The Real Iraqi Miracle
Opting for tolerance.
11:14 AM, Oct 31, 2007 • By DEAN BARNETT
IN THE FACE OF MEDIA indifference, the facts on the ground in Iraq have changed--dramatically and for the better. The deaths of Iraqi civilians over the past two months have declined precipitously. Before the surge and its accompanying change in tactics took effect, often 3,000 Iraqis would die violent deaths in a month, directly victimized by the sectarian violence. In September, that number dropped below 900. In October, the plunge continued to below 700, the lowest figure for any month at any point during the war.
One of the fears regarding the surge is that its change in tactics, a wholesale transformation that would put greater emphasis on engaging the enemy and less emphasis on force protection, would bring with it intolerable American casualties. Not intolerable to the men and women who have chosen to go to Iraq and want to win there, but surely intolerable to certain elements of our media and political establishments that would opportunistically seize on each piece of bad news as another reason to end "George Bush's war." Happily, this scenario hasn't transpired. American fatalities due to hostilities have declined each month since May. In October, there were fewer than thirty American hostile fatalities, the lowest such figure since February 2004.
Yet war opponents and President Bush's foes are nothing if not determined. They're not likely to take this good news lying down. In the past, the media and the Democratic party have preferred to paint Iraq as an irretrievably violent place where we've already lost. The New York Times not long ago infamously editorialized that genocide was preferable to our current situation.
Even for lefty dead-enders, this narrative has become increasingly untenable. In order to avoid embarrassing themselves, the war's opponents in the press and politics will have to make a tactical adjustment of their own. Look for them in the coming weeks to try to shift the debate to the one area where Iraq has not progressed dramatically since the start of the surge--its stumble-prone central government.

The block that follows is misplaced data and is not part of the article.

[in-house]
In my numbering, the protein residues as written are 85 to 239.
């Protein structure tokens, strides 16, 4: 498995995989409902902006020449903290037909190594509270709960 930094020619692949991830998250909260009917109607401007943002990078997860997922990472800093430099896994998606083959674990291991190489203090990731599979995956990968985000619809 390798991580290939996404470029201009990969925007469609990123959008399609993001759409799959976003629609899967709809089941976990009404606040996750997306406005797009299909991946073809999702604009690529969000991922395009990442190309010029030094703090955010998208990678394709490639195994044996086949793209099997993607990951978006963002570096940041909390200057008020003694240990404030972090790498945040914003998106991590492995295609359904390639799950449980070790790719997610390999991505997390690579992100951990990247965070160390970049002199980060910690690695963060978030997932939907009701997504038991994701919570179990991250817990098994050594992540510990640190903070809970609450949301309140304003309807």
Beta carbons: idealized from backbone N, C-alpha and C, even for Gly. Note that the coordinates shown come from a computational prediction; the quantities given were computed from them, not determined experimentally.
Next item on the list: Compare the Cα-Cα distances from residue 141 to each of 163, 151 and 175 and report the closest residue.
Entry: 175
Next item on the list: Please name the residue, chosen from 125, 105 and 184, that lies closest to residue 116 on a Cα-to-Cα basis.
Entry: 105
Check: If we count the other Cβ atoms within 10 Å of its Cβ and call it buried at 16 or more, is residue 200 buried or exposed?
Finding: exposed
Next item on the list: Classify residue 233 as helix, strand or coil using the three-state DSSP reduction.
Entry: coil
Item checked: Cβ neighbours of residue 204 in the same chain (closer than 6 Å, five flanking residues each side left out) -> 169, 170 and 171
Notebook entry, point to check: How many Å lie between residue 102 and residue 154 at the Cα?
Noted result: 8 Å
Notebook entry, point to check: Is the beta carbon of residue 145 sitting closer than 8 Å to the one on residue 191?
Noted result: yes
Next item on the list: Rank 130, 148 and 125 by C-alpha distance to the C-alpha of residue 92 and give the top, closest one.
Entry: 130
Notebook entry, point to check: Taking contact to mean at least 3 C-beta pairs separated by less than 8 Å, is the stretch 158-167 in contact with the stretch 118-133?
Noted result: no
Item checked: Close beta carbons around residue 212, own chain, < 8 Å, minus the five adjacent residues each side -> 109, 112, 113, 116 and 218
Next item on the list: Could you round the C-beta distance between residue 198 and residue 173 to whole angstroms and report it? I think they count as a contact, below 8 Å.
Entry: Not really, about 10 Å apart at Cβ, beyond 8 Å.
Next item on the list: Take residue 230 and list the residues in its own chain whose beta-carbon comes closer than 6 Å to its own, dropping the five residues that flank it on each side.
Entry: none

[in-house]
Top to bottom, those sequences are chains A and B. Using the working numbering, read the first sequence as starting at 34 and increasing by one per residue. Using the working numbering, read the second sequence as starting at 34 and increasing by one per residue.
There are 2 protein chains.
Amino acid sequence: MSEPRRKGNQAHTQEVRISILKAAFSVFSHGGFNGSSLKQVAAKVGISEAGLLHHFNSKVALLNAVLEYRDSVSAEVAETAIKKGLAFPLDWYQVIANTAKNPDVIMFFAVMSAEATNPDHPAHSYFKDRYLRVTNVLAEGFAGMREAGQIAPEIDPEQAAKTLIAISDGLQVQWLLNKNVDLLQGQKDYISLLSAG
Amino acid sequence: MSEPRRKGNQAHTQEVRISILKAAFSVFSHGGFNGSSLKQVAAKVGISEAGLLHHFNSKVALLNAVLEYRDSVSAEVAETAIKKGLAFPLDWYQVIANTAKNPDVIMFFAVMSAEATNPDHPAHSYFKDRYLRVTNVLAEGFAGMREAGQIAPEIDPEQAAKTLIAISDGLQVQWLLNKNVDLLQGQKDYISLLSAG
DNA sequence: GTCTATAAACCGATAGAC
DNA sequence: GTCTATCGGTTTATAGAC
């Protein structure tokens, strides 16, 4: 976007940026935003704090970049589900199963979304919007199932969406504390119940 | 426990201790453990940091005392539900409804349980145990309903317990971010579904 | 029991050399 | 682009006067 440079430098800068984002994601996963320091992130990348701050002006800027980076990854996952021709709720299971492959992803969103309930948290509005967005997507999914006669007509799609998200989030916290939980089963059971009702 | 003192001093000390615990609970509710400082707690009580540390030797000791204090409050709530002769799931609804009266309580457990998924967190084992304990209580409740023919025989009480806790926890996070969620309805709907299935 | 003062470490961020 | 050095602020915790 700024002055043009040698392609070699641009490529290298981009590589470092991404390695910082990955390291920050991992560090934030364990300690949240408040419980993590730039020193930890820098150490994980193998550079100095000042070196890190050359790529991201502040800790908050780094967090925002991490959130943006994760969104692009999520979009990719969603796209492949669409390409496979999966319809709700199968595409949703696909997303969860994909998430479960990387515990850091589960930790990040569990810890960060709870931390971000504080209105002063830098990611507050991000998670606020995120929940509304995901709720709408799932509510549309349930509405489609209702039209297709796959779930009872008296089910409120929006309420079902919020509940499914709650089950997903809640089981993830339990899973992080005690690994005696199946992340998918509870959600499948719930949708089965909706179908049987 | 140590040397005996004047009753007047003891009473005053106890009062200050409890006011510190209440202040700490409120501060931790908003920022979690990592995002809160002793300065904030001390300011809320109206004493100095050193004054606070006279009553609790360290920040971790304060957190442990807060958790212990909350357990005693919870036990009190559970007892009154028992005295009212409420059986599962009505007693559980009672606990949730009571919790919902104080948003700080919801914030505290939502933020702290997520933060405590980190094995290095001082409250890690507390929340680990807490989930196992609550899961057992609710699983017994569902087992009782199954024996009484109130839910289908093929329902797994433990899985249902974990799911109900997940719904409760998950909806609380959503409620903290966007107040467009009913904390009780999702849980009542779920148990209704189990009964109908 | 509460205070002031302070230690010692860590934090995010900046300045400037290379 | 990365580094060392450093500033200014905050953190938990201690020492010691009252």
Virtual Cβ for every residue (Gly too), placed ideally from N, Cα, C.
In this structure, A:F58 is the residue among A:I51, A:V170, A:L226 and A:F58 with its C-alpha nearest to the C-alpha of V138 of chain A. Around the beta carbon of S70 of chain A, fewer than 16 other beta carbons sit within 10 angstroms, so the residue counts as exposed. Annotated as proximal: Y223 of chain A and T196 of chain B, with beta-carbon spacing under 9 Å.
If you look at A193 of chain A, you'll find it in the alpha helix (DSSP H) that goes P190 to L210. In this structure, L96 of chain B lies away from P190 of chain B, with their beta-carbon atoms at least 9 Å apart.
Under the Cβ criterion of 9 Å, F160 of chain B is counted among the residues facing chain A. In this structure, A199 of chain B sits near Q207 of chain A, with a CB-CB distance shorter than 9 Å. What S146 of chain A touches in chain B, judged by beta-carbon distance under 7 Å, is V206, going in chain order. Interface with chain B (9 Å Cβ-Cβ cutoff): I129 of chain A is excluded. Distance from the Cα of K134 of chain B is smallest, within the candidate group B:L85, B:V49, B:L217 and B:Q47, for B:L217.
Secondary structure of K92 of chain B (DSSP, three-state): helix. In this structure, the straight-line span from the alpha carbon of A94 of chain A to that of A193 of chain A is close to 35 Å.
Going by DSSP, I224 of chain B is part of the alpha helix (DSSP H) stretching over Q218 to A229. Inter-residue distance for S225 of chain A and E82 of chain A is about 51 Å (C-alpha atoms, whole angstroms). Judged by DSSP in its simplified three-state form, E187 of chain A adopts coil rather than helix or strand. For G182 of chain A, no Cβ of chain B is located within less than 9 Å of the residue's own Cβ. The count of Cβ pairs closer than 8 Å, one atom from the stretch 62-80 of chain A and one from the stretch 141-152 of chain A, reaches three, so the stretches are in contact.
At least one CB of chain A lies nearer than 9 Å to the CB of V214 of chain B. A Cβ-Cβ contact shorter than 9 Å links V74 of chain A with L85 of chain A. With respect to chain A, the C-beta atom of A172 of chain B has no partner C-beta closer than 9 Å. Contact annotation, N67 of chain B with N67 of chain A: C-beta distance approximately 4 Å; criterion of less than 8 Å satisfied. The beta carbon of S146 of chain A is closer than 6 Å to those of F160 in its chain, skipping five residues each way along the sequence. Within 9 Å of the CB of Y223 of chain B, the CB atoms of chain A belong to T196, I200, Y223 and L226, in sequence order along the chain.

If they are allowed to do this, then the American people will miss the real miracle that has occurred in Iraq over the last several months. Peace is breaking out through Iraq and the sectarian violence declining because that is the demand of the Iraqi people. Iraqi society has tired of bloodshed, and has opted for tolerance. It is the most amazing and inspiring story of the admittedly still-young 21st century. And yet few in the media have deigned to tell it, and many in our body politic refuse to hear it.
A FEW YEARS AGO, conservative commentator and former Reagan speechwriter Peggy Noonan wrote an article that harshly responded to President Bush's idealistic second Inaugural Address. Noonan posited that Bush was overreaching in trying to eradicate tyranny, and even argued that tyrants have their proper role in history.
"Certain authoritarians and tyrants whose leadership is illegitimate and unjust have functioned in history as--ugly imagery coming--garbage-can lids on their societies," she wrote. "They keep freedom from entering, it is true. But when they are removed, the garbage--the freelance terrorists, the grievance merchants, the ethnic nationalists--pops out all over. Yes, freedom is good and to be strived for. But cleaning up the garbage is not pretty."
Noonan's imagery was no less repulsive because she acknowledged its ugliness. Dismissing entire populations as "garbage" who need tyrants to keep them in their place is not the sort of language that her former boss, Ronald Reagan, would have countenanced.
Noonan was every bit as misguided in terms of realpolitik. By the start of this century, the age of the "successful" tyrant had long since passed. In Saudi Arabia, in spite of a ruthless, illegitimate regime that attempted to smother its society, a movement led by an embittered millionaire had "popped out" and toppled America's two tallest buildings. Long before then, our tyrant in Iran, the Shah, lost his place atop Iranian society. The totalitarian Fundamentalists who replaced him have been killing Americans and other free people for over a generation now.
It's important to note that the regime that replaced the Shah was popular; thirty years ago, it reflected the will of the Iranian people. Surveying the rest of the Islamic world after 9/11, we had and still have cause to fear the rise of more regimes cut from the Iranian cloth. Brutal Wahabism dominates Saudi society; the fundamentalist Muslim Brotherhood is ascendant in Egypt.
President Bush's plan regarding the Iraq war was audacious and risky. He wanted to prove that an Islamic country could be peaceful and democratic. In order for the project to succeed, the demands for peace and tolerance had to necessarily flow from the Iraqi people.